Researchers at the University at Buffalo recently discovered that vitamin D may play a significant role in eye health, specifically in the possible prevention of age-related macular degeneration, or AMD, among women who are more genetically prone to developing the sight-damaging disease.
In a paper published in JAMA Ophthalmology online, the University at Buffalo researchers found that women who are deficient in vitamin D and have a specific high-risk genotype (a specific part of their DNA) are 6.7 times more likely to develop AMD than women with sufficient vitamin D status and no high risk genotype. The vitamin D supplementation being a key factor in both groups of women.
Macular degeneration is characterized by the deterioration of the macula, a small part of the central retina where the eye’s photoreceptors (rods and cones) are most highly concentrated. The leading cause of legal blindness, macular degeneration affects more than 10 million Americans — more than cataracts and glaucoma combined — according to the American Macular Degeneration Foundation. The disease affects a person’s central vision, which is needed for common tasks such as reading and driving. The effect is similar to that of a rain drop on the center of a camera lens.
To get vitamin D from sunlight, for many people, 15 to 30 minutes a day with 10 percent of their skin exposed might be sufficient. In winter months, when there is a lower solar angle, sun exposure may not be not sufficient to maintain blood level for people who live north of a line from about Washington, D.C., to Los Angeles. At these times and locations, dietary intake may be needed. Dietary sources of vitamin D include fortified foods such as milk and foods that naturally contain vitamin D such as fatty fish like salmon and mackerel.
Inflammation may be the answer
Vitamin D shows promise for protecting against macular degeneration because of its anti-inflammatory and antiangiogenic properties; antiangiogenic refers to slowing the growth of new blood vessels, often seen in late stages of AMD.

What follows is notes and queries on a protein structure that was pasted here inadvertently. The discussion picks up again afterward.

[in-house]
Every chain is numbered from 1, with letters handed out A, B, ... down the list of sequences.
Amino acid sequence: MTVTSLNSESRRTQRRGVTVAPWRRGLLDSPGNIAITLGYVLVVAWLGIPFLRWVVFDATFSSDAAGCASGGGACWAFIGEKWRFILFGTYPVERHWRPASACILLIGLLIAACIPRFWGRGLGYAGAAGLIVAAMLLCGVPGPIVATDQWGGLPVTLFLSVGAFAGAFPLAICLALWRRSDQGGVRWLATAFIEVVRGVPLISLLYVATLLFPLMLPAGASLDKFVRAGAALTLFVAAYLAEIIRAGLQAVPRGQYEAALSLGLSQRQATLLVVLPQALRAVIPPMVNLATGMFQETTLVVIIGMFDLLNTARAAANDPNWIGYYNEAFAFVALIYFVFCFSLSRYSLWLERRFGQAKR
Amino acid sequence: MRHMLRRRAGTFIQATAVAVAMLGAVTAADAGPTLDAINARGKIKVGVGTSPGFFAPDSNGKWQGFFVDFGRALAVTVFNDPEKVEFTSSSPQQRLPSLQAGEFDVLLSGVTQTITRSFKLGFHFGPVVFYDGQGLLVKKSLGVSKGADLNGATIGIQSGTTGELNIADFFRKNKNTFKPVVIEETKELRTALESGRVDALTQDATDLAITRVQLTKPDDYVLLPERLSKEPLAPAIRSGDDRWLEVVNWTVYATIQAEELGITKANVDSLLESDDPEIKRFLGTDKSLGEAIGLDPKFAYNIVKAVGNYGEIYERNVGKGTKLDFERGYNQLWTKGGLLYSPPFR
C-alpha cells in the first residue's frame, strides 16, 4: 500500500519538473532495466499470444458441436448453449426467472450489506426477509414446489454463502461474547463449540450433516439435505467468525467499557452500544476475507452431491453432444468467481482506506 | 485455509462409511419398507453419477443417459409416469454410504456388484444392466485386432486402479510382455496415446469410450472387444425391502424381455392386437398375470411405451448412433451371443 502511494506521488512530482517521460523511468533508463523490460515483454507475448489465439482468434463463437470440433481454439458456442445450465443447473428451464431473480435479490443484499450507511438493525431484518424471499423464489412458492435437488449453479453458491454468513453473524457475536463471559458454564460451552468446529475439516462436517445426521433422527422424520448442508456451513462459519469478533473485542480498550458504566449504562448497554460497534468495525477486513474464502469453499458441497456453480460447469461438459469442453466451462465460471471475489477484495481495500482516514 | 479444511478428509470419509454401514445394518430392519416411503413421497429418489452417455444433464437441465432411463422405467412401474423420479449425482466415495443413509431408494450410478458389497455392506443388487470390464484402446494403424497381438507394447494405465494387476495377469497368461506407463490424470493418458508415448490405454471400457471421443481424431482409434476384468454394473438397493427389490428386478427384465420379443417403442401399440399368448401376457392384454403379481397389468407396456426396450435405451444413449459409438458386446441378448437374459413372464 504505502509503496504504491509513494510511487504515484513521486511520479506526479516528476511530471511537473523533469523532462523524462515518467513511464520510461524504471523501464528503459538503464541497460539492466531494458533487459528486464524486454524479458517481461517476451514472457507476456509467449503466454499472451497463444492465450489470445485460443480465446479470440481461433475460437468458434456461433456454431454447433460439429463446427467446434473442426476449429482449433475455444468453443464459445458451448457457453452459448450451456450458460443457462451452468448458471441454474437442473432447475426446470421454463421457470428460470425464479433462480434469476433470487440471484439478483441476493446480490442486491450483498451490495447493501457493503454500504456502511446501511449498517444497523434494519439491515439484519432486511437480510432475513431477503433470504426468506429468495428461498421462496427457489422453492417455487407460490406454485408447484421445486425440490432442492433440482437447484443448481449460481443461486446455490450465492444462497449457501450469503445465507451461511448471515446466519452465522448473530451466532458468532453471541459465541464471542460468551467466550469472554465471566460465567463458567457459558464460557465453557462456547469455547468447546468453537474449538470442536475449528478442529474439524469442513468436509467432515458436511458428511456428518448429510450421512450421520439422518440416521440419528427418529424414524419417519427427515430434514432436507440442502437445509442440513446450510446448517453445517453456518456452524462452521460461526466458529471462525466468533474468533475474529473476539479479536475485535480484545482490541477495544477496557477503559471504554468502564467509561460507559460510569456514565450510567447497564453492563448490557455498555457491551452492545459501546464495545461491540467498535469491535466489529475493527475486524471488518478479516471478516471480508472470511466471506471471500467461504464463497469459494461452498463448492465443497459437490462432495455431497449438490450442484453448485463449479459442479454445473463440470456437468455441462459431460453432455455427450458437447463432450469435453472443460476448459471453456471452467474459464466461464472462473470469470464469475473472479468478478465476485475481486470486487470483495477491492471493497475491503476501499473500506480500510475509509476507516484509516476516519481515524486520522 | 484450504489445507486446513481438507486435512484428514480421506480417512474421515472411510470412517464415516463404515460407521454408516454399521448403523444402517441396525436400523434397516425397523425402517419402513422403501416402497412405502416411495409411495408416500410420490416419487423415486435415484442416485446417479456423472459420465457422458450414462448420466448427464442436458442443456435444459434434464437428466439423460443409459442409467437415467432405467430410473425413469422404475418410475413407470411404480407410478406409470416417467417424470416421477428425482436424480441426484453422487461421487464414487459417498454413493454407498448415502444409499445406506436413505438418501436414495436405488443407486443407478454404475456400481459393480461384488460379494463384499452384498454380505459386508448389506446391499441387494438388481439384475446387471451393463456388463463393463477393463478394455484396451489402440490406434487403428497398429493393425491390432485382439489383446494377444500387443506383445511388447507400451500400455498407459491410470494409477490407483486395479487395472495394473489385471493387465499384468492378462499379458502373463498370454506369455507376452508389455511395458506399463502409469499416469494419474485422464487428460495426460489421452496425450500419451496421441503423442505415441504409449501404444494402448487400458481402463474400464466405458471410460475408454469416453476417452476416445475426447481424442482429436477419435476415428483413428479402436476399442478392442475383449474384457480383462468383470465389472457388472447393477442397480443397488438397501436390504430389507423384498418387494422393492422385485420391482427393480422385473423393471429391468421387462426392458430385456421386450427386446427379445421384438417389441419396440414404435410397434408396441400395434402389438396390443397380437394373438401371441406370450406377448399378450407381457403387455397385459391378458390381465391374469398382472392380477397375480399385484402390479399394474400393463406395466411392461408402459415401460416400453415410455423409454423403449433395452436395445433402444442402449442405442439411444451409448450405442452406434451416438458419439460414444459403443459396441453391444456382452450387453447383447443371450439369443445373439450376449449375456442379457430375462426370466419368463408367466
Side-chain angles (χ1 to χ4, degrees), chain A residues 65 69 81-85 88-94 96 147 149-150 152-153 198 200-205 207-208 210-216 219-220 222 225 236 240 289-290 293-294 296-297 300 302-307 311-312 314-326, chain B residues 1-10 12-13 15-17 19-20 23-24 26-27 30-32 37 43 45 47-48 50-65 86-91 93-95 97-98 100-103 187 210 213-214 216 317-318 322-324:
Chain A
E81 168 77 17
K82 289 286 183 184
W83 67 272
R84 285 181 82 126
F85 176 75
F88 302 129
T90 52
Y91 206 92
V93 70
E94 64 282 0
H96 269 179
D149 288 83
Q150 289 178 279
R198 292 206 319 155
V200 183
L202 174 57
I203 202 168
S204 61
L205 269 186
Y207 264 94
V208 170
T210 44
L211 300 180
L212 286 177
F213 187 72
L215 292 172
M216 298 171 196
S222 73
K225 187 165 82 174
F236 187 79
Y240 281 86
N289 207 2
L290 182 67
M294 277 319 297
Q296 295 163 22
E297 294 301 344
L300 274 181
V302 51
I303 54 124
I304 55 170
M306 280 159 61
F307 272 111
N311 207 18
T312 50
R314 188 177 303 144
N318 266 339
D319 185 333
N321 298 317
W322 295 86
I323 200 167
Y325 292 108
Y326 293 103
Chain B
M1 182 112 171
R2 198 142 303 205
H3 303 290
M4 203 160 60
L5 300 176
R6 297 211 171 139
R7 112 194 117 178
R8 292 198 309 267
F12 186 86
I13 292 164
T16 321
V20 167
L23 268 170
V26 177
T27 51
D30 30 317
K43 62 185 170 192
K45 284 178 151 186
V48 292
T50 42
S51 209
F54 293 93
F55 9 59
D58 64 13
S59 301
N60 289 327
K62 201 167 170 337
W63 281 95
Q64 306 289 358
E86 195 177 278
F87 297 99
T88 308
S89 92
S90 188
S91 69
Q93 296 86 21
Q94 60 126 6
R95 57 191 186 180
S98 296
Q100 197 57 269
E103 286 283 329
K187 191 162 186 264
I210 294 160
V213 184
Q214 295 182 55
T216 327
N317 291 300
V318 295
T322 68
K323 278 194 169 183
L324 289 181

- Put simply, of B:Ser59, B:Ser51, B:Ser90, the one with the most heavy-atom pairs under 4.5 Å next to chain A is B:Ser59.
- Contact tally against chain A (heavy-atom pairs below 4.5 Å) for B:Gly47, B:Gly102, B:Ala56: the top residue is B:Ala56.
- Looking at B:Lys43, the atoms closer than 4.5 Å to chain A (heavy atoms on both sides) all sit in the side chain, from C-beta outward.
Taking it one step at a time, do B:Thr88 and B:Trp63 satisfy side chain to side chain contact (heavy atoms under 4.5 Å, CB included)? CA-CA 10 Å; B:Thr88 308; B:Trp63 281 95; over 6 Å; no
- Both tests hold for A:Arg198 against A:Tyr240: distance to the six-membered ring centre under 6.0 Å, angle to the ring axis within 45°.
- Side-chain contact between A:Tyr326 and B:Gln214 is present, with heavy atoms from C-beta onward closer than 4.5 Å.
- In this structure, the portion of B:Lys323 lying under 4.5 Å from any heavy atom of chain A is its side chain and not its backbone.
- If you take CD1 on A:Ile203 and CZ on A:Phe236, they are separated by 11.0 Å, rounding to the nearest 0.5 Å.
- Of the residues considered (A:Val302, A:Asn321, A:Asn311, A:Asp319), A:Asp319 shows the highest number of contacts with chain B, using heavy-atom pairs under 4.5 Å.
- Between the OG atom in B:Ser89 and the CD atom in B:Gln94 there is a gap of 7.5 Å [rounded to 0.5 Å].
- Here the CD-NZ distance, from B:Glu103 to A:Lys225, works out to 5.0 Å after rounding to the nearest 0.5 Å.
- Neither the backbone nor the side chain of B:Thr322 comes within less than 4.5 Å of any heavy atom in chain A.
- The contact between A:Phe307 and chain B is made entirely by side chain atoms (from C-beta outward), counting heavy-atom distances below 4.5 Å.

New evidence from a paper being published in June 2016 supports higher levels vitamin D as being a factor in preventing AMD and low concentrations as being associated with late AMD.1
Melatonin for Macular Degeneration
In recent research, Melatonin was cited as it prevented the structural and functional changes in retina cells, reduced the severity of microcirculatory disorders and prevented destruction of neurosensory cells, associative and gangliolar neurons in the retina, thus highlighting the therapeutic potential of Melatonin for treatment and prevention of age related Macular Degeneration.2 New research confirms Melatonin’s protective role in the retina.3
Antioxidants for Macular Degeneration
In other research zinc oxide combined with a detergent extract of rosemary powder or rosemary oil was found effective in treating eye damage related to age related Macular Degeneration.
- Generally speaking, people who have high levels of antioxidants, vitamin E, C, betacarotene, zinc and selenium are at much lower risk of developing this condition.
- Eating a diet rich in phytochemicals found in fruits and vegetables can help you to maintain healthy eyes. People with age-related macular degeneration generally consume far fewer fresh fruits and vegetables than those without it.
- Phytonutrients such as lycopene, lutein, and zeaxanthin are particularly helpful in retarding macular degeneration. (In fact, consuming 30 mg of lutein will increase your blood level of the substance by tenfold.)
Consuming generous amounts of fresh fruits and vegetables, stopping smoking and avoiding excessive exposure to sunlight are all important factors in reducing your risk of macular degeneration.
We have had good success with using an intravenous formula to macular degeneration. It contains many antioxidants along with minerals and an amino acid known as taurine.
- Taurine is a very powerful antioxidant, which is of specific benefit to the eye. Taurine may also be beneficial for the heart. We have treated several patients who have suffered decreased loss of vision due to macular degeneration
If you have vision loss that is due to macular degeneration, please consult Dr. Magaziner or Dr. Greenberg in order to find out if the intravenous treatment would be beneficial for you.
1 Annweiler C, Drouet M, Duval GT, Paré PY, Leruez S, Dinomais M, Milea D. Circulating vitamin D concentration and age-related macular degeneration: Systematic review and meta-analysis.
Maturitas. 2016 Jun;88:101-12. doi: 10.1016/j.maturitas.2016.04.002. Epub 2016 Apr 2. Review.
2. Stefanova NA, Zhdankina AA, Fursova AZh, Kolosova NG. [Potential of melatonin for prevention of age-related macular degeneration: experimental study]. Adv Gerontol. 2013;26(1):122-9.
3. Gianesini C, Hiragaki S, Laurent V, Hicks D, Tosini G. Cone Viability Is Affected by Disruption of Melatonin Receptors Signaling. Invest Ophthalmol Vis Sci. 2016 Jan 1;57(1):94-104. doi: 10.1167/iovs.15-18235.